Feeds

eToys warns on revenues

Xmas shoppers not flocking to site

  • alert
  • submit to reddit

The Essential Guide to IT Transformation

eToys has warned that it won't be filling as many Christmas stockings as previously thought.

The Los Angeles-based e-tailer said late on Friday that orders for the current quarter were less than expected, forcing it to halve Q3 revenue forecasts. It now expects net sales of between $120 million and $130 million, down from the $210 million to $240 million it had expected. This compares to $106 million for the Christmas quarter 1999.

Losses are also expected to rise - eToys had pitched losses at between 22 per cent to 24 per cent of revenue, but on Friday it upped this figure to 55 per cent to 65 per cent, or $66 million to $85 million.

As a result of sagging sales, the online toy merchant said it will run out of cash on March 31 (it had previously thought funds would last until June 30). It has hired Goldman, Sachs & Co "to explore strategic alternatives for the company" - these include selling the company's assets, a merger, or a cash injection. It will also announce staff cuts early next year.

eToys blamed its woes on the general slowdown in the economy, the US presidential election dithering, and "the current disfavour of Internet retailing".

"We are disappointed that sales have not materialized to the degree we had expected, but we point to the fact that the company is expected to show between 12 percent and 22 percent growth in revenue versus the same quarter last year," said eToys president and CEO Toby Lenk.

"Going forward and based on current operating realities, we will take aggressive steps to reshape the company's cost structure and to best position the company for the future." ®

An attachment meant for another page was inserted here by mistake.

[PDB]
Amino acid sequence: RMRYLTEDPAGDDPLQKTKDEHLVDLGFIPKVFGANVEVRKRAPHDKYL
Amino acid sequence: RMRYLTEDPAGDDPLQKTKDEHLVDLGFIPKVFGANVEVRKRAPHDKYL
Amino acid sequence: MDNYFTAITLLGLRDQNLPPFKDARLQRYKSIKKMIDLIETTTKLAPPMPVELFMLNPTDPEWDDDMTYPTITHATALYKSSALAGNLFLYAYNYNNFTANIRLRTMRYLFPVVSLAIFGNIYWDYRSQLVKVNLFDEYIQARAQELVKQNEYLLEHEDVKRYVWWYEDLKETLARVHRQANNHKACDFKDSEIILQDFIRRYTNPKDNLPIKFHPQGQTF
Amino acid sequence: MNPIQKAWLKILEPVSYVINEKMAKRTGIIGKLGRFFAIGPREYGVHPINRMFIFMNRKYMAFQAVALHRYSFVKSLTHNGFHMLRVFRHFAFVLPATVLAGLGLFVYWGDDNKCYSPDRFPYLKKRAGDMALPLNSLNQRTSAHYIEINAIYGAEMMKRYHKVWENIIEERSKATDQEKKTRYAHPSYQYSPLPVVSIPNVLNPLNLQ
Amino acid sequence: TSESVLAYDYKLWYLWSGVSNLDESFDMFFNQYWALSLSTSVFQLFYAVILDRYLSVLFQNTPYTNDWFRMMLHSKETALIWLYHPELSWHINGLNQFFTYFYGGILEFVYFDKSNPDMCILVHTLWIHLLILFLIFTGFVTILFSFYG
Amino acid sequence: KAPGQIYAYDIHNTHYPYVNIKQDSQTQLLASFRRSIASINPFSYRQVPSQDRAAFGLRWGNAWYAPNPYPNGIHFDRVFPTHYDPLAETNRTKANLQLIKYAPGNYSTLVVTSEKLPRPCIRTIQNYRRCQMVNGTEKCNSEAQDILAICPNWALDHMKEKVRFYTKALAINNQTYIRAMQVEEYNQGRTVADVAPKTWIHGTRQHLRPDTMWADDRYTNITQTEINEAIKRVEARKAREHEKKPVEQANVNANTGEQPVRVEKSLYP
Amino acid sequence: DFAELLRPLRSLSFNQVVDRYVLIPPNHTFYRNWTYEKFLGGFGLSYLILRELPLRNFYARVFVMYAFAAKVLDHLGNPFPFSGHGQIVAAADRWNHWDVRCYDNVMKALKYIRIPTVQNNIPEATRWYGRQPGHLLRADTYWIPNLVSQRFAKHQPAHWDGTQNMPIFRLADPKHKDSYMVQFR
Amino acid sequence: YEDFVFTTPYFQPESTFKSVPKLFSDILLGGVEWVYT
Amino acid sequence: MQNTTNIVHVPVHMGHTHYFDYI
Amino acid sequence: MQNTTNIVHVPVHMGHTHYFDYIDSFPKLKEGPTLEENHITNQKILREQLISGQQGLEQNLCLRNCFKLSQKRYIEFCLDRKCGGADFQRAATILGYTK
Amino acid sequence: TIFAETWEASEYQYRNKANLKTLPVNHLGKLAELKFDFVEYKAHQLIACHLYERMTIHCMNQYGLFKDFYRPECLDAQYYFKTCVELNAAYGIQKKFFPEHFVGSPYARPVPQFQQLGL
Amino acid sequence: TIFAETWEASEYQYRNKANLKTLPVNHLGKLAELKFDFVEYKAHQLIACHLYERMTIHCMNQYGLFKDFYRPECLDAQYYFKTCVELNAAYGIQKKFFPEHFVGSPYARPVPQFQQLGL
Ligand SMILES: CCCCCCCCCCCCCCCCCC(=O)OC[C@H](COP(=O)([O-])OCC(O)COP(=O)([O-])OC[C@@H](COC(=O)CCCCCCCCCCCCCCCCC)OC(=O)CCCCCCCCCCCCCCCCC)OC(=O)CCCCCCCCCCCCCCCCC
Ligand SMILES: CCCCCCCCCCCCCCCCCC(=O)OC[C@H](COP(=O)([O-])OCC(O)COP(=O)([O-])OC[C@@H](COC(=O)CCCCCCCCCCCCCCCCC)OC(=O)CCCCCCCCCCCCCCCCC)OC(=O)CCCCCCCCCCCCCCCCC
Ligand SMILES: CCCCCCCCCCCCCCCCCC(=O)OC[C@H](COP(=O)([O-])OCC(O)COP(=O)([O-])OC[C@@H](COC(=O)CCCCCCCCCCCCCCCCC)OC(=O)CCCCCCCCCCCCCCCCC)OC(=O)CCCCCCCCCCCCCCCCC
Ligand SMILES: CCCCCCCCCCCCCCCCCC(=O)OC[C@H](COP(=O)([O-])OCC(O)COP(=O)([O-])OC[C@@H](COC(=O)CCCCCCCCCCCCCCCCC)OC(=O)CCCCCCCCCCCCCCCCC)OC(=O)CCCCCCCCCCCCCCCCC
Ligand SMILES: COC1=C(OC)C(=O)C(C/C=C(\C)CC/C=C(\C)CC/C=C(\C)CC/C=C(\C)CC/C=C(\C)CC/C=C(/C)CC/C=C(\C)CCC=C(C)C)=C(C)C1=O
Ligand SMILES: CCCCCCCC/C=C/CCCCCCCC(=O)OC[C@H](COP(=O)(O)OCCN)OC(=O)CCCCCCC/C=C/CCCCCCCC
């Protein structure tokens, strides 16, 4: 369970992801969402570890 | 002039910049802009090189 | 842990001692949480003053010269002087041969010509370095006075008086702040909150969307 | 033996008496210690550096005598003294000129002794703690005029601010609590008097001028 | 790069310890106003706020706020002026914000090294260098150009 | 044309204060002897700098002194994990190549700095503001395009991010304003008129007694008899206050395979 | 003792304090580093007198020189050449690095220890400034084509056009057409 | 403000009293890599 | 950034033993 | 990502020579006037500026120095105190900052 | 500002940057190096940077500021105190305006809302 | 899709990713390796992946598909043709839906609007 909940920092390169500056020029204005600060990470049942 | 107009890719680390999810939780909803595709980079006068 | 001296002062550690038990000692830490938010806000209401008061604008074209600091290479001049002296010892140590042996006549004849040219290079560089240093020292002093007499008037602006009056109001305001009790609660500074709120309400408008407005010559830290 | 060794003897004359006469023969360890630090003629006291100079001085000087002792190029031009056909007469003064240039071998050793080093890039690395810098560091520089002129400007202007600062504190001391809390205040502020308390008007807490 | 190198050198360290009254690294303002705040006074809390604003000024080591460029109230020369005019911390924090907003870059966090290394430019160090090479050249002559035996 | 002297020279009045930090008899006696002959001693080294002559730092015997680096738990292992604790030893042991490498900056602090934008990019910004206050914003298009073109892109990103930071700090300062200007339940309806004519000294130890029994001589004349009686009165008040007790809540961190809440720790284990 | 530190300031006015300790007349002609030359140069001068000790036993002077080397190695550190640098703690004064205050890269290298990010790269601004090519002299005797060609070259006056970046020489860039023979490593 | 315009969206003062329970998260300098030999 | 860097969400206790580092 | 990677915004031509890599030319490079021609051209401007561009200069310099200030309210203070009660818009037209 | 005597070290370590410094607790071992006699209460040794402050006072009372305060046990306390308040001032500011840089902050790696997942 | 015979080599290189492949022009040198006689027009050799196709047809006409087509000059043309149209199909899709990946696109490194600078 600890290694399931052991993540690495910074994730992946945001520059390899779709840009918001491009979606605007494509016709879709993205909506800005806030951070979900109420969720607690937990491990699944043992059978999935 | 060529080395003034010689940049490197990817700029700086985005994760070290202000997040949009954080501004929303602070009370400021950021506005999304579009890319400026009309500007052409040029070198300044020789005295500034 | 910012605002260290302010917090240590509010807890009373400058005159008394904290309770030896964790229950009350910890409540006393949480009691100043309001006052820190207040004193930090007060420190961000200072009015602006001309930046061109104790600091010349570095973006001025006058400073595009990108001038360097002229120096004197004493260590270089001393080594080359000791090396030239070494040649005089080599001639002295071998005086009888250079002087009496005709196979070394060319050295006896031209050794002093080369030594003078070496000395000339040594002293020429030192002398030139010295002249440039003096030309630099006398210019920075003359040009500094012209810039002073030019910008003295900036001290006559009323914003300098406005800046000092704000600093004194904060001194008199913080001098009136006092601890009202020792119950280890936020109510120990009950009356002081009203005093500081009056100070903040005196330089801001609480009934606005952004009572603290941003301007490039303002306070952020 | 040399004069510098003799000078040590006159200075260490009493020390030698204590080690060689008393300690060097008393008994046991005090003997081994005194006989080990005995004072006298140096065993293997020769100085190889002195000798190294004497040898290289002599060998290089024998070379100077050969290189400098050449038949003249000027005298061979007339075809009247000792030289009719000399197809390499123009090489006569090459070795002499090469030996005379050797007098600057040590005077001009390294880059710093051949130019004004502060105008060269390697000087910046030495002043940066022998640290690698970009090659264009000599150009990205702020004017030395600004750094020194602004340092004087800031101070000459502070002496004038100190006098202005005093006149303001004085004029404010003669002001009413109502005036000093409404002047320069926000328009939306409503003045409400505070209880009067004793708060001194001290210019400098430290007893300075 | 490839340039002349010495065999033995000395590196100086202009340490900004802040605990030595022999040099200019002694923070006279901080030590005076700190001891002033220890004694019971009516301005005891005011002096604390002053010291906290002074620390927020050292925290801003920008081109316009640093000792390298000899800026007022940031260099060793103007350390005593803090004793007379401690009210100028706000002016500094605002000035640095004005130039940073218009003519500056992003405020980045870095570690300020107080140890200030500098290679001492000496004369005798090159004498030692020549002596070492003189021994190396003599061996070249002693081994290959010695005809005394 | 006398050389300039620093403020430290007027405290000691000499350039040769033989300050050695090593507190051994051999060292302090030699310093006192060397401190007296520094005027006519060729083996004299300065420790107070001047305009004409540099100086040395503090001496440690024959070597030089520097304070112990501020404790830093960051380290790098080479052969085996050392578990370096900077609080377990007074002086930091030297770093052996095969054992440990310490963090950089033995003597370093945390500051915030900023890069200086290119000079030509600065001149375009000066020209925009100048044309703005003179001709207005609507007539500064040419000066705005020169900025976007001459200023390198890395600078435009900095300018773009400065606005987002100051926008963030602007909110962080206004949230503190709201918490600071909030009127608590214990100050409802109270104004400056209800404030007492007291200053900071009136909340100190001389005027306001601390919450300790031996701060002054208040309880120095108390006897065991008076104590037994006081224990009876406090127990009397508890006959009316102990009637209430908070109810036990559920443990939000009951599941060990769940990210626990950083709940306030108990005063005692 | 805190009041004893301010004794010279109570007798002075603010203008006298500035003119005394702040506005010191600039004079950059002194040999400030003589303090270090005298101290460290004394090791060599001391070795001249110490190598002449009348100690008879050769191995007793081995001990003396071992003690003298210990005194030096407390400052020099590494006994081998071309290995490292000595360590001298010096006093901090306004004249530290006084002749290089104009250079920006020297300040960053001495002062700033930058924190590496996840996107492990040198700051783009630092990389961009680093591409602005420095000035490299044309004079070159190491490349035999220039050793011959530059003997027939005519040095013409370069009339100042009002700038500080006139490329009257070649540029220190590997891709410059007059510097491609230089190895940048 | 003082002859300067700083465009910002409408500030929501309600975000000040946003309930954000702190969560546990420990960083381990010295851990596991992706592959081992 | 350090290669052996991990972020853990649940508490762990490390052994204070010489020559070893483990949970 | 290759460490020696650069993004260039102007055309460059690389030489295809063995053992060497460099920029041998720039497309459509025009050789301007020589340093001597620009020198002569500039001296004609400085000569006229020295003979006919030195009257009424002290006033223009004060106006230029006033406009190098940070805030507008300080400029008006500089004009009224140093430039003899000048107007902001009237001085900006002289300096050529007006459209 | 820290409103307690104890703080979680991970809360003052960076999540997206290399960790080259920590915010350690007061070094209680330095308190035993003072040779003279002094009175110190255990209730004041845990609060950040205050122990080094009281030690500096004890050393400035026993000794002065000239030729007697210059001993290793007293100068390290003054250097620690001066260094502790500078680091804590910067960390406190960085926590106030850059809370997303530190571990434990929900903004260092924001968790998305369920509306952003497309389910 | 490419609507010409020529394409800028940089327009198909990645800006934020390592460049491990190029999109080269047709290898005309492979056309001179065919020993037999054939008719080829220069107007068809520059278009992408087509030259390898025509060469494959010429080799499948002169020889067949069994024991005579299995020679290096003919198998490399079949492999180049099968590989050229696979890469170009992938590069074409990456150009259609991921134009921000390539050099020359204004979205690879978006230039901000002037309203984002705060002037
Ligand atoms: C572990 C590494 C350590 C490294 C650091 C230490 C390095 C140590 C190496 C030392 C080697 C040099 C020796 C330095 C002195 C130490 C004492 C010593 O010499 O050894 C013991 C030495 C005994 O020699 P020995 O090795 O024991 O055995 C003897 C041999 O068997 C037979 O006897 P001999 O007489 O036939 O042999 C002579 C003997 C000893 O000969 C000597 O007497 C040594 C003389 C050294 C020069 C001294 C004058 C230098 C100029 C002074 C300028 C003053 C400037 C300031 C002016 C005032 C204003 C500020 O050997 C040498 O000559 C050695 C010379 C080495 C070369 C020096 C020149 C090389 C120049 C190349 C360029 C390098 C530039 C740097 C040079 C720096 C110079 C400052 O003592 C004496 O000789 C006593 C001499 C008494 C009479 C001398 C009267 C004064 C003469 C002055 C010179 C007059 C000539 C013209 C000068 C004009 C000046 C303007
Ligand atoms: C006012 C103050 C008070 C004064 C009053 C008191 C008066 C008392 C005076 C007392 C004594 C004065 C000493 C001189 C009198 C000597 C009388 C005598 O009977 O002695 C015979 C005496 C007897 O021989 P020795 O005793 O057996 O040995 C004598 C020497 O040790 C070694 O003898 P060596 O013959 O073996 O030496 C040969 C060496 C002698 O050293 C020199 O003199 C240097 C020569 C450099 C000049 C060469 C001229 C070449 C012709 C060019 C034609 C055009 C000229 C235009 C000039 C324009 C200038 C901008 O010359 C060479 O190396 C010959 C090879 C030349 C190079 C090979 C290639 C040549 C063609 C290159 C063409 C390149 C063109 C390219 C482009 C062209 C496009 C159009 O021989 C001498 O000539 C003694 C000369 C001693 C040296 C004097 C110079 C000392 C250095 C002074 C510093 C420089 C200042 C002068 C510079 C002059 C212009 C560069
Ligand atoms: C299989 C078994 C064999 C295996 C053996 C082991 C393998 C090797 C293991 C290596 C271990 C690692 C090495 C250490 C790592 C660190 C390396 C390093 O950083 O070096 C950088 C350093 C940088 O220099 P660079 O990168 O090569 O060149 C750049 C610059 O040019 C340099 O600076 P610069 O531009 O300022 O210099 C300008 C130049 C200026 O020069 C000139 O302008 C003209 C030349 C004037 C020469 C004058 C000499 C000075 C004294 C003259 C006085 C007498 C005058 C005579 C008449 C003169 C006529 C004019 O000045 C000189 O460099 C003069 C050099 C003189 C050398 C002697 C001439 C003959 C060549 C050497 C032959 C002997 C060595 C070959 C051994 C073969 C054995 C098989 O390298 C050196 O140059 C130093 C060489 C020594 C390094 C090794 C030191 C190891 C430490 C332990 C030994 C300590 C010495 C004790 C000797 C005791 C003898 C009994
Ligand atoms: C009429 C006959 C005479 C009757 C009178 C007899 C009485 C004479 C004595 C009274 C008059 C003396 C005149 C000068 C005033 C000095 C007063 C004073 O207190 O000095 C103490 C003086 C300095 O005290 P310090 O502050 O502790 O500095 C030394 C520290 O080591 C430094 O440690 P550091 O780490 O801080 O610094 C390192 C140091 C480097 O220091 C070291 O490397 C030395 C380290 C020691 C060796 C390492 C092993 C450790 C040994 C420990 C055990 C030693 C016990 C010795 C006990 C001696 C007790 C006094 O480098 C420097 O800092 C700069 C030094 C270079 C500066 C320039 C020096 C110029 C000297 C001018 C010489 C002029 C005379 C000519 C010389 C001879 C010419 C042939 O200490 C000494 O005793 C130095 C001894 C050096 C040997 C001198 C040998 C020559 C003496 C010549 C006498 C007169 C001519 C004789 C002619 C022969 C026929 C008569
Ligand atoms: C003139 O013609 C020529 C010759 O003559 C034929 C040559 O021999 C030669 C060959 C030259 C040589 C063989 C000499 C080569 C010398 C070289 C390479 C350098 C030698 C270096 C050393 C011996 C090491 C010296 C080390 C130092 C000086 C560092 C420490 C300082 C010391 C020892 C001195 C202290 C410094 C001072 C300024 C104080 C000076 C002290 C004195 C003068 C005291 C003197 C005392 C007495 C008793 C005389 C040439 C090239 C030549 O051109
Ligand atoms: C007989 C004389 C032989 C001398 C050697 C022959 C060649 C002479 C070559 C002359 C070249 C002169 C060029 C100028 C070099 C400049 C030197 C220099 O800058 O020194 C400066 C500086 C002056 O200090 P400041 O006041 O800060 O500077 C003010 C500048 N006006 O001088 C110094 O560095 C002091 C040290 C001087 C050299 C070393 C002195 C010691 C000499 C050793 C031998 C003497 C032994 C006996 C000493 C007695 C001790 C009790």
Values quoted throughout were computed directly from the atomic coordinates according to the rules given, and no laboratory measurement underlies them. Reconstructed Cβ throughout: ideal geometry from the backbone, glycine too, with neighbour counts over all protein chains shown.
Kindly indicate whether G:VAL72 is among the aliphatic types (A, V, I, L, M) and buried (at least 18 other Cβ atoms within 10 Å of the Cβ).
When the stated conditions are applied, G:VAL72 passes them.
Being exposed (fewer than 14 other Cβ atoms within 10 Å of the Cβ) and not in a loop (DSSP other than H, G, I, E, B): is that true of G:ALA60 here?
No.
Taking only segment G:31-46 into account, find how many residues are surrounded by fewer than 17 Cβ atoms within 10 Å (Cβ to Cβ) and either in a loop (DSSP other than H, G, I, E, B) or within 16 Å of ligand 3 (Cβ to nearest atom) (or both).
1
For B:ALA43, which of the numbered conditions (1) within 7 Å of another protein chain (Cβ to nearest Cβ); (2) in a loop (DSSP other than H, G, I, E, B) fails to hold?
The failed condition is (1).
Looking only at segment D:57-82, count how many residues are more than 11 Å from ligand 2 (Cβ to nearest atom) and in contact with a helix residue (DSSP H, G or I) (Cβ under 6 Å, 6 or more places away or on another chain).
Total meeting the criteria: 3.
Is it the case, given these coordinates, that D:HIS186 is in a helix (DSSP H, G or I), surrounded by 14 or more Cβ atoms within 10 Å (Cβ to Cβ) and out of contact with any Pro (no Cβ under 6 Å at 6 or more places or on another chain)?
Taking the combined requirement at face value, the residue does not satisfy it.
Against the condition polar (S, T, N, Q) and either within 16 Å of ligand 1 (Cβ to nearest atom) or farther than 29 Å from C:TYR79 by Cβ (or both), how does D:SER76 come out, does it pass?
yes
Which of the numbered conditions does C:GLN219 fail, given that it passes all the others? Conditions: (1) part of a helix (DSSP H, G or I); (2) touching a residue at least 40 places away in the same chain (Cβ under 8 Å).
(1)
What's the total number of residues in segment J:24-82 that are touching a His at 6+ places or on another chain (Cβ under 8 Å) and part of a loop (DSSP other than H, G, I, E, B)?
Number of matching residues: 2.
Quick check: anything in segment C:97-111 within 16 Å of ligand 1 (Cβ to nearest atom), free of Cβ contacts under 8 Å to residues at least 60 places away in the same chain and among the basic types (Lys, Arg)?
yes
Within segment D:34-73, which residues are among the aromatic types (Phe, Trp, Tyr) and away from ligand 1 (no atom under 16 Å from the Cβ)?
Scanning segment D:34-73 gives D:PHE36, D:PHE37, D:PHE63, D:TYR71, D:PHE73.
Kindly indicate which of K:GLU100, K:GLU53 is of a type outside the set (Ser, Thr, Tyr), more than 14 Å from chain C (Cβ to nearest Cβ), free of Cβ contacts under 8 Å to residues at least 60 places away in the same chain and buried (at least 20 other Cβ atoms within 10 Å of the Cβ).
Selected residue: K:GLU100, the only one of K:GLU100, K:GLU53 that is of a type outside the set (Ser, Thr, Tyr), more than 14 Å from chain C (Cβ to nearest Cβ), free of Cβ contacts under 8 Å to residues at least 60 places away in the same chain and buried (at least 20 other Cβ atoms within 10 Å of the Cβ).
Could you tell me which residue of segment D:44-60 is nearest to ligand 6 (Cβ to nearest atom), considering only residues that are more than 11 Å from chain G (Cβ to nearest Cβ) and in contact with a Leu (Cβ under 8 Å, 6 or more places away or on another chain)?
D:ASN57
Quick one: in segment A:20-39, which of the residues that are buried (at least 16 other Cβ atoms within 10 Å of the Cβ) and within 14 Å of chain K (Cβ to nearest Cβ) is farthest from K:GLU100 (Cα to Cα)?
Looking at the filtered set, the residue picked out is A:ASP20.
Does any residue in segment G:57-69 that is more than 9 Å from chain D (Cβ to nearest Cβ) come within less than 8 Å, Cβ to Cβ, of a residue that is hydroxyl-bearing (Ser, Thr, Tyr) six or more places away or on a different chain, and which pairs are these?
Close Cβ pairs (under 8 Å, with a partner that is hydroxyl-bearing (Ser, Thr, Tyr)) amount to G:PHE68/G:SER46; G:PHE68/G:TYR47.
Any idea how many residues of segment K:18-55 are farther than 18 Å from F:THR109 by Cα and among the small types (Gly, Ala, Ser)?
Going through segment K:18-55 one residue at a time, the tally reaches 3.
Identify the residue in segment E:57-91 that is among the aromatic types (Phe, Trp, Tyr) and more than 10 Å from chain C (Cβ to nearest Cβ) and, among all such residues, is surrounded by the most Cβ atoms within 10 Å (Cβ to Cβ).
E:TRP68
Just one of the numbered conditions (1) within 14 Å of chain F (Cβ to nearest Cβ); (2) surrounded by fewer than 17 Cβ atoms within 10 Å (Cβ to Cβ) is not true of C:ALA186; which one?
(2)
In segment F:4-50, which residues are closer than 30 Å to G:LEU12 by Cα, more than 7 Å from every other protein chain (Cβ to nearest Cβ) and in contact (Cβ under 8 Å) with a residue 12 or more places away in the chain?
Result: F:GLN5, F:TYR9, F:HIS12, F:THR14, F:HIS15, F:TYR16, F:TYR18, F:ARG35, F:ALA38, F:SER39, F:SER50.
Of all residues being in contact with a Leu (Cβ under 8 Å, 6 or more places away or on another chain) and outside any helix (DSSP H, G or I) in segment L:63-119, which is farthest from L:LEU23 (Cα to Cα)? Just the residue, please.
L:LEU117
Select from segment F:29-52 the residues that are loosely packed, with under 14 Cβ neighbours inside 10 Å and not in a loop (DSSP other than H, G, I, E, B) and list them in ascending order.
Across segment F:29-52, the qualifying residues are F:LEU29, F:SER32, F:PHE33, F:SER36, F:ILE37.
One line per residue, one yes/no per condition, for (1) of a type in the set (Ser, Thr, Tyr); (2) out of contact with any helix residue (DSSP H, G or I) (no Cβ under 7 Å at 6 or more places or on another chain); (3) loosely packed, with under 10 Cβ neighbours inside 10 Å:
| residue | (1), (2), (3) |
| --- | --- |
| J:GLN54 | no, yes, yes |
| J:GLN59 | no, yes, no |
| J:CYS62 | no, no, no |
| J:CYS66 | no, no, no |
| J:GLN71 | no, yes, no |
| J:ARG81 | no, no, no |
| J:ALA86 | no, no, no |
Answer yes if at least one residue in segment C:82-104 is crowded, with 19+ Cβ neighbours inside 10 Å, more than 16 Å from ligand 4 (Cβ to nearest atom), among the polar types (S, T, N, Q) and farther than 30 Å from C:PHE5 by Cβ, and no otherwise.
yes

Related Stories

America spends $6.3 billion in Q3
eToys softens under grassroots pressure
Tales from the bubble economy
Mighty Microsoft to miss sales targets
Xmas panic means PC fire sales

Boost IT visibility and business value

More from The Register

next story
iPad? More like iFAD: We reveal why Apple fell into IBM's arms
But never fear fanbois, you're still lapping up iPhones, Macs
Sonos AXES support for Apple's iOS4 and 5
Want to use your iThing? You can't - it's too old
Amazon says Hachette should lower ebook prices, pay authors more
Oh yeah ... and a 30% cut for Amazon to seal the deal
Philip K Dick 'Nazi alternate reality' story to be made into TV series
Amazon Studios, Ridley Scott firm to produce The Man in the High Castle
Joe Average isn't worth $10 a year to Mark Zuckerberg
The Social Network deflates the PC resurgence with mobile-only usage prediction
Chips are down at Broadcom: Thousands of workers laid off
Cellphone baseband device biz shuttered
Feel free to BONK on the TUBE, says Transport for London
Plus: Almost NOBODY uses pay-by-bonk on buses - Visa
Twitch rich as Google flicks $1bn hitch switch, claims snitch
Gameplay streaming biz and search king refuse to deny fresh gobble rumors
Stick a 4K in them: Super high-res TVs are DONE
4,000 pixels is niche now... Don't say we didn't warn you
prev story

Whitepapers

Implementing global e-invoicing with guaranteed legal certainty
Explaining the role local tax compliance plays in successful supply chain management and e-business and how leading global brands are addressing this.
Consolidation: The Foundation for IT Business Transformation
In this whitepaper learn how effective consolidation of IT and business resources can enable multiple, meaningful business benefits.
Backing up Big Data
Solving backup challenges and “protect everything from everywhere,” as we move into the era of big data management and the adoption of BYOD.
Boost IT visibility and business value
How building a great service catalog relieves pressure points and demonstrates the value of IT service management.
Why and how to choose the right cloud vendor
The benefits of cloud-based storage in your processes. Eliminate onsite, disk-based backup and archiving in favor of cloud-based data protection.